Happy Friday, all. The rush to repeal Obamacare has turned into more of a slow, relaxing stroll through the park, but health insurance executives aren't that relaxed about it. And the Trump administration's first Obamacare rule may be coming soon, so fire up that Federal Register site and start hitting "refresh."
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The two big things about Obamacare repeal
These are the two most important things happening right now, and they're going to lead to big problems if the tension isn't resolved:
- Republicans are increasingly saying they're not in a rush to replace Obamacare — because it's more important to get it right.
- Insurers really, really want to know what's coming next.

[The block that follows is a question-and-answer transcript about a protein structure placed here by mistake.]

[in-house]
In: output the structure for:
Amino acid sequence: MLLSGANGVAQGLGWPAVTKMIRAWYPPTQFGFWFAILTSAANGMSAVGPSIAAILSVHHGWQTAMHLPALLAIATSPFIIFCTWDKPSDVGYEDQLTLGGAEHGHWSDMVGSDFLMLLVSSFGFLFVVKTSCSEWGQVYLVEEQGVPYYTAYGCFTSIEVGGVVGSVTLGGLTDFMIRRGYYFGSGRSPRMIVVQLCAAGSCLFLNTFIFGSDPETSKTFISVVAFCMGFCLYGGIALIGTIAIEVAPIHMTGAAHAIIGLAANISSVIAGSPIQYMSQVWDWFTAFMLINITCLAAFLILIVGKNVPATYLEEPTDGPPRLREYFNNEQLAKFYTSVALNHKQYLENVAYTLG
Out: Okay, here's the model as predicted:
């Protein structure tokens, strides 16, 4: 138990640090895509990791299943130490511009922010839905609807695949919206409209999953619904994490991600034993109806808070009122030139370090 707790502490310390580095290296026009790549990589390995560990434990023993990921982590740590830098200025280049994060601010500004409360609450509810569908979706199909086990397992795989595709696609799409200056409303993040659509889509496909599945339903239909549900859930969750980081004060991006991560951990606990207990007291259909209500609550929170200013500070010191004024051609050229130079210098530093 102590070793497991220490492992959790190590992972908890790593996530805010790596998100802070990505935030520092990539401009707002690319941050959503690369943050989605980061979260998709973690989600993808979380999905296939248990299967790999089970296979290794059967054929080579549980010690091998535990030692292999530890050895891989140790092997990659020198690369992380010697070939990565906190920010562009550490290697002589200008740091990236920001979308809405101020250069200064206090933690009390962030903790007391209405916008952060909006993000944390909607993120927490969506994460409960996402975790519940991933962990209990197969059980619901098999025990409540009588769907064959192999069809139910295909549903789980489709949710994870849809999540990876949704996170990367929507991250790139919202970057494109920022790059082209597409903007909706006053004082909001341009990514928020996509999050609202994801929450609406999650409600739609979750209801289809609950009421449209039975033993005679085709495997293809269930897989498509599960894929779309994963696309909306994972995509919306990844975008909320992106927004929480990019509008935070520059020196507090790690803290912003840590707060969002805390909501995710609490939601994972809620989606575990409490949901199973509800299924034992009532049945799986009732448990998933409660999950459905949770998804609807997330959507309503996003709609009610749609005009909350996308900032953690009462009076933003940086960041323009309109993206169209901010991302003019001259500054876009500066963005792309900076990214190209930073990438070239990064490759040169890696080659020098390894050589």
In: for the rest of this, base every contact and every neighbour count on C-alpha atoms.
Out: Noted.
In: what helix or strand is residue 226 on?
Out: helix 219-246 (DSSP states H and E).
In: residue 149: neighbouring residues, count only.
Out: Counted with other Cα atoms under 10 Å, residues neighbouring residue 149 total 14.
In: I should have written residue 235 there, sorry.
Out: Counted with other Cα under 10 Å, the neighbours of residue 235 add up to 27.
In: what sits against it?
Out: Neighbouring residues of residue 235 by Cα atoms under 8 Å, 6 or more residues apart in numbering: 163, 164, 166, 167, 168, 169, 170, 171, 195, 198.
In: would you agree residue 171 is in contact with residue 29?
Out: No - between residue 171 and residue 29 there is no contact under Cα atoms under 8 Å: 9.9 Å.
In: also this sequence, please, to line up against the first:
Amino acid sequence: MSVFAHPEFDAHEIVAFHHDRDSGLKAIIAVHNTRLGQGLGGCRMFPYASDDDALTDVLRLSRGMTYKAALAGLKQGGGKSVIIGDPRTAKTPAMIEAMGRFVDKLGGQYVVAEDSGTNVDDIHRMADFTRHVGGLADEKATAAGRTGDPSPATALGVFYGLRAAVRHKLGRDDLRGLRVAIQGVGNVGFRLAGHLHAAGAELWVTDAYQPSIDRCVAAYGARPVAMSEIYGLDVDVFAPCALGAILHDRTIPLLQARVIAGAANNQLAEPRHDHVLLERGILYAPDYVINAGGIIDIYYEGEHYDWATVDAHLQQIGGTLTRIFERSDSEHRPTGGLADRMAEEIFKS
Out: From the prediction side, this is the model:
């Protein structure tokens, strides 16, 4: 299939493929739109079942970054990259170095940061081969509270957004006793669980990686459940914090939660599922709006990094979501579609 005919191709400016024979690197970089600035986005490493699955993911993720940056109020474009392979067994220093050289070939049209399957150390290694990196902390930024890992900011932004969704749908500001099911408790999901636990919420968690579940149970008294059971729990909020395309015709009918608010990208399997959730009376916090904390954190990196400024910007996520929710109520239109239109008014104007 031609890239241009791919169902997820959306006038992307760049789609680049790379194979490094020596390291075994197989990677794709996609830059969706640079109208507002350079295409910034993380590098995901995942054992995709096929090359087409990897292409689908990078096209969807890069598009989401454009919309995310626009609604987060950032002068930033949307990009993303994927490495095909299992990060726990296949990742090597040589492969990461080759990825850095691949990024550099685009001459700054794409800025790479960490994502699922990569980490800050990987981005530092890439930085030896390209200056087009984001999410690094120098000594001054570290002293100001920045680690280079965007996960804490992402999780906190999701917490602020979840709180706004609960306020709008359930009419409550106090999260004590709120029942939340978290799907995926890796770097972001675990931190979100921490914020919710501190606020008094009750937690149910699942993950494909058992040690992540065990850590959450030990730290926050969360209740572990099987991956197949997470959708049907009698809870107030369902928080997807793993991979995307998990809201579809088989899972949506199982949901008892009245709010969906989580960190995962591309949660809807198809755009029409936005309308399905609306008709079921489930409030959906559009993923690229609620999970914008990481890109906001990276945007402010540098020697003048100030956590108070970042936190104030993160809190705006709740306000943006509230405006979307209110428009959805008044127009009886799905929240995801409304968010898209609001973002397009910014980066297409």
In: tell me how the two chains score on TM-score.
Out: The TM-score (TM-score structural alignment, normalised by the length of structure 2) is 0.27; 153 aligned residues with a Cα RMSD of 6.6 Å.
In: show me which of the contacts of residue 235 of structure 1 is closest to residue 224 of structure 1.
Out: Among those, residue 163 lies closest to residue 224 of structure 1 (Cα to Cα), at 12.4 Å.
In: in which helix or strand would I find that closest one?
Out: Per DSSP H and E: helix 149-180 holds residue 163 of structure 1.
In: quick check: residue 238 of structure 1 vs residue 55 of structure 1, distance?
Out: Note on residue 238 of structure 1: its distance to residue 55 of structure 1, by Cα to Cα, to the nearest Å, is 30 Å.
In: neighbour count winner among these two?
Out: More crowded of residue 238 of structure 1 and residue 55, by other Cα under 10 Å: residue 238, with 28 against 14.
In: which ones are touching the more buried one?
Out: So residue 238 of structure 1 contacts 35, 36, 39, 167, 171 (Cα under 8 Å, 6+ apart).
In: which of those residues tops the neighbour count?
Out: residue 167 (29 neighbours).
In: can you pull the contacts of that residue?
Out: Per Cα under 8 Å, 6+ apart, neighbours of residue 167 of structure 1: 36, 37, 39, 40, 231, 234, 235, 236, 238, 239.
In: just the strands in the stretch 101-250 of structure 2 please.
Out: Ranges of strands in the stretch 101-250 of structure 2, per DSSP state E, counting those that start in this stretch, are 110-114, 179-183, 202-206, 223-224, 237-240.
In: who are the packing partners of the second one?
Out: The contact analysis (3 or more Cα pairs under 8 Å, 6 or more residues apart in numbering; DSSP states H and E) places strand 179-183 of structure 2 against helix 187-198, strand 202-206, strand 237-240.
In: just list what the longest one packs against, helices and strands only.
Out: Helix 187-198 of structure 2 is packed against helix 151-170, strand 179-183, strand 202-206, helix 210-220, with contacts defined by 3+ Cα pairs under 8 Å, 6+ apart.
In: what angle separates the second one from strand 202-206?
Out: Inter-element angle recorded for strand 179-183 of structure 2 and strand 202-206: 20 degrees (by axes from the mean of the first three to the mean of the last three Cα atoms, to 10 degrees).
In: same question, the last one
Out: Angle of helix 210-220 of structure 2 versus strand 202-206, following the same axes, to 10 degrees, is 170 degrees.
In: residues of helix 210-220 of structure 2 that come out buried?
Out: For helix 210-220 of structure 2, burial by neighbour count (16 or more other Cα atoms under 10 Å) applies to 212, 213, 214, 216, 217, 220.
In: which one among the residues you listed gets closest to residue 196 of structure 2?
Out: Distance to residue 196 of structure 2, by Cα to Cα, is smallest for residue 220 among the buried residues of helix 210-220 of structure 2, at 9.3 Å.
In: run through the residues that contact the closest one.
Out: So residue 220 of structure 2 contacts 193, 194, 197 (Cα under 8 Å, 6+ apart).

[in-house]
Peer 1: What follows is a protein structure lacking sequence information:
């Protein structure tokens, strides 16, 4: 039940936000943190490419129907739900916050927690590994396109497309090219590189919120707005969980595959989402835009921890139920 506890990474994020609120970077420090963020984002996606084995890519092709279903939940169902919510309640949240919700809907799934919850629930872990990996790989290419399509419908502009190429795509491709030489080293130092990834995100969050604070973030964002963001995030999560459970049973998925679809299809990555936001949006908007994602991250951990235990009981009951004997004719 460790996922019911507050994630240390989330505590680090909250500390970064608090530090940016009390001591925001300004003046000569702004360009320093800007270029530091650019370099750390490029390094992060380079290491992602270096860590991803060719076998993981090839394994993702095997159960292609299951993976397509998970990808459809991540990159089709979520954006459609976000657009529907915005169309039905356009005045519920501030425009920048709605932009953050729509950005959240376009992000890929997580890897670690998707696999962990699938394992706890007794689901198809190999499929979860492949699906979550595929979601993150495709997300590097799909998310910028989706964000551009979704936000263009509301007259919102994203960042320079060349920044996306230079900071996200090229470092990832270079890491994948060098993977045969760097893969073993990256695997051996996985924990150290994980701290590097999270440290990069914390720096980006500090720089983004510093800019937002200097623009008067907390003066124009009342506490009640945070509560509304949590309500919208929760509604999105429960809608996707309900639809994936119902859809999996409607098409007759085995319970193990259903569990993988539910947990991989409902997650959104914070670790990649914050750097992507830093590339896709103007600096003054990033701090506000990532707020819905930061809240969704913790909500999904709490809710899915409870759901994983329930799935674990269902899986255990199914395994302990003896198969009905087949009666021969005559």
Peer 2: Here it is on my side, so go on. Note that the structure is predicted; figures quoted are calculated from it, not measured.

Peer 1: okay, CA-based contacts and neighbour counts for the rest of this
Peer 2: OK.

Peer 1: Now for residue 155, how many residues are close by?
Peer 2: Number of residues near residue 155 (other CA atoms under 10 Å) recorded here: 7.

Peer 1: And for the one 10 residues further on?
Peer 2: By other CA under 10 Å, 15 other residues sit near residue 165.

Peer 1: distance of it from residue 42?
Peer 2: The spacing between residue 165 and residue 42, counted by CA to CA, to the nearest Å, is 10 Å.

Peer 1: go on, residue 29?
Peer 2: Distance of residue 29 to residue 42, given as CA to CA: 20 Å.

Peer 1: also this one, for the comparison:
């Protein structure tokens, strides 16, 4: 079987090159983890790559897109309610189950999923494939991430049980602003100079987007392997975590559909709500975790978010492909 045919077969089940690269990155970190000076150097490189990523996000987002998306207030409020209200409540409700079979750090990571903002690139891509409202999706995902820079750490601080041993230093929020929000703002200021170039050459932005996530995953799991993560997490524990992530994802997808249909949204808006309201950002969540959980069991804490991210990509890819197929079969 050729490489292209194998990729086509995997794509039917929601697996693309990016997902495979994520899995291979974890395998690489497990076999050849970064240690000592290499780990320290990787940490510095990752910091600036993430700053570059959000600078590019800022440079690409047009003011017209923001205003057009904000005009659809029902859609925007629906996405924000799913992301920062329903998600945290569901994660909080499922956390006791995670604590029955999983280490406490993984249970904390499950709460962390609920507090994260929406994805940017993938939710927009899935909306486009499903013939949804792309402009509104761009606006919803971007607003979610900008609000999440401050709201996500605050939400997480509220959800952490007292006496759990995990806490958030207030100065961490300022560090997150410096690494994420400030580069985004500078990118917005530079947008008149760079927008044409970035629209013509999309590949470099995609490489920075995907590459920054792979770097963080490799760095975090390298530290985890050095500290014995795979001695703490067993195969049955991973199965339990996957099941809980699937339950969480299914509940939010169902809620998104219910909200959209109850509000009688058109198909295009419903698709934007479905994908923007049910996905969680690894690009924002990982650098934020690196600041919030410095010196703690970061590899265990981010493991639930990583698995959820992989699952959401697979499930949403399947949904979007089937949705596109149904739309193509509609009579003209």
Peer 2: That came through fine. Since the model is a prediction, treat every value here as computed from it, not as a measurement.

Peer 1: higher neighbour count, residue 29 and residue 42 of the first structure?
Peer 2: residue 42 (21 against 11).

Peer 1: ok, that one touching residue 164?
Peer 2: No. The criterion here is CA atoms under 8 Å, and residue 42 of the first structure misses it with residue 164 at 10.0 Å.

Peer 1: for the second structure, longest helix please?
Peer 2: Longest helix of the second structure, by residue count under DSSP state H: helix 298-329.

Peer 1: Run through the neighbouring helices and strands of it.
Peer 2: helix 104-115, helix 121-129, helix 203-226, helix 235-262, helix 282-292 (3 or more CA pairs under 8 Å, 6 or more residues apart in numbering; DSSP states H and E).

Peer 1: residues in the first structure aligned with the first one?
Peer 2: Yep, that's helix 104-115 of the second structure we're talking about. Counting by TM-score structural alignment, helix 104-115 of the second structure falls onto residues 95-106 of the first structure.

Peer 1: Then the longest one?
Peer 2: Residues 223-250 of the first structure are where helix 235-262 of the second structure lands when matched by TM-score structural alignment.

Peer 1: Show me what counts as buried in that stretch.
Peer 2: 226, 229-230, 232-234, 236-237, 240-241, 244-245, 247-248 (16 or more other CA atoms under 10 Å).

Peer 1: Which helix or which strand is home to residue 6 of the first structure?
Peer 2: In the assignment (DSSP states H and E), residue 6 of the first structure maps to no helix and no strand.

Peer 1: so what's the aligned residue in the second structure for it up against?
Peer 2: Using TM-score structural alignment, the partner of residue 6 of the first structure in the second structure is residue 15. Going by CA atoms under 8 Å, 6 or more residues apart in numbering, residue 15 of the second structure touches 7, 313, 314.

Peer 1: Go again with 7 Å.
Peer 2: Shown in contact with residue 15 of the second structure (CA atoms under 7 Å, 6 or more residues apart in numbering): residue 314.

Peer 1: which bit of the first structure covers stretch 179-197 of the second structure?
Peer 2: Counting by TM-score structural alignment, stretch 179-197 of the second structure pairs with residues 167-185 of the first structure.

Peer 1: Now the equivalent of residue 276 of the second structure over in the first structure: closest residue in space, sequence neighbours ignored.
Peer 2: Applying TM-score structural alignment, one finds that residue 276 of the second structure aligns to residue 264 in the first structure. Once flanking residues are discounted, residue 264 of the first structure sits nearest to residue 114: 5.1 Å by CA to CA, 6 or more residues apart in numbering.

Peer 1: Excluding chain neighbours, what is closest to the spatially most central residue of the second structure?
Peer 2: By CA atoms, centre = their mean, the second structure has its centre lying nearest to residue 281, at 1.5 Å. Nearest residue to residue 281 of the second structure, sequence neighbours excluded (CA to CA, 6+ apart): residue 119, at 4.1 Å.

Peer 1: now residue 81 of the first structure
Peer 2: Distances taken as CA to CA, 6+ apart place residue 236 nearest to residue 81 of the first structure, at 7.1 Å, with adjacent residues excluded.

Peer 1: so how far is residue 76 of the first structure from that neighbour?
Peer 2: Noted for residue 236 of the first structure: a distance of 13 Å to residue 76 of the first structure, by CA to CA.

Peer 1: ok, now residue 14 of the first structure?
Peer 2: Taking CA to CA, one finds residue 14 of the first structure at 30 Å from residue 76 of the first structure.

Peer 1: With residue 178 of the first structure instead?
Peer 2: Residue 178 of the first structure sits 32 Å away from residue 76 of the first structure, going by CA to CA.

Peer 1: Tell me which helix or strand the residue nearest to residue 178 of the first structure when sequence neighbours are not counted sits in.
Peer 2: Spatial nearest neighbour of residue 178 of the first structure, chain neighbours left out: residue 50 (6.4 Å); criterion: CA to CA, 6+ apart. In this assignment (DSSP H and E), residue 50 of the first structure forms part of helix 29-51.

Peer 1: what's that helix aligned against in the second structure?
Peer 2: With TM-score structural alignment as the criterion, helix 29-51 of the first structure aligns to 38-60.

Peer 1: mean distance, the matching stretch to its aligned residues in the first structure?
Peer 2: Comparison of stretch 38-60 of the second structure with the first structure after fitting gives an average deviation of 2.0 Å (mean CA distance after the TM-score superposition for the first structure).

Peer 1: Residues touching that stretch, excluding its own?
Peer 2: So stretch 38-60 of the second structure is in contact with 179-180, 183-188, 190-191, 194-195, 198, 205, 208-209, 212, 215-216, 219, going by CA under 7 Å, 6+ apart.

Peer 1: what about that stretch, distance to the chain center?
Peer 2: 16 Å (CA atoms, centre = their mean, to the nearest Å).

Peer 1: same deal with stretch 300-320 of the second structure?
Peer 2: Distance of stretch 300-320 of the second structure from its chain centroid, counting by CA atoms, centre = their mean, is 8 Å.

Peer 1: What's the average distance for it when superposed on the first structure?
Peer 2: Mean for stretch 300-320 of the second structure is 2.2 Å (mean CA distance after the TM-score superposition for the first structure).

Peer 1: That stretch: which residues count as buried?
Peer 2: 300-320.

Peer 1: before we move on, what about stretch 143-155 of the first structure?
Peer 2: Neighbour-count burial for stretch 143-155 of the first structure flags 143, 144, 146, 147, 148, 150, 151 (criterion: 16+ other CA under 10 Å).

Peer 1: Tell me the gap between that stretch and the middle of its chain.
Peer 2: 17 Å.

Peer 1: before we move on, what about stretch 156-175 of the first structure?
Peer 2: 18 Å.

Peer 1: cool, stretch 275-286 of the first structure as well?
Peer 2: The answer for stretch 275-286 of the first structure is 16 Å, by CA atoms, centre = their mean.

You could hear the new, laid-back pace in the way committee chairmen talked about Obamacare this week. "We're going to take the time to get this right," House Energy and Commerce Committee chairman Greg Walden said at a subcommittee hearing yesterday. And in an interview with Caitlin Owens this week, House Ways and Means Committee chairman Kevin Brady said only that "the bulk of the changes in law and the bulk of regulatory changes must occur this year."But top execs at the big health insurance companies, including Anthem and Cigna, have been saying this week that they can't commit to staying in the marketplaces in 2018 until they get some better signals. Cigna CEO David Cordani told analysts and investors yesterday that the company will make its Obamacare decisions this spring, but that the markets remain "fragile at best." If the Trump administration and Congress don't get them some answers soon, that's a recipe for meltdown.Don't forget: It's not as if there's a lot of agreement among Republicans about how to proceed, even if they wanted to move faster.FWIW: House Speaker Paul Ryan told reporters yesterday that "we want to be moving our Obamacare legislation by the end of the first quarter."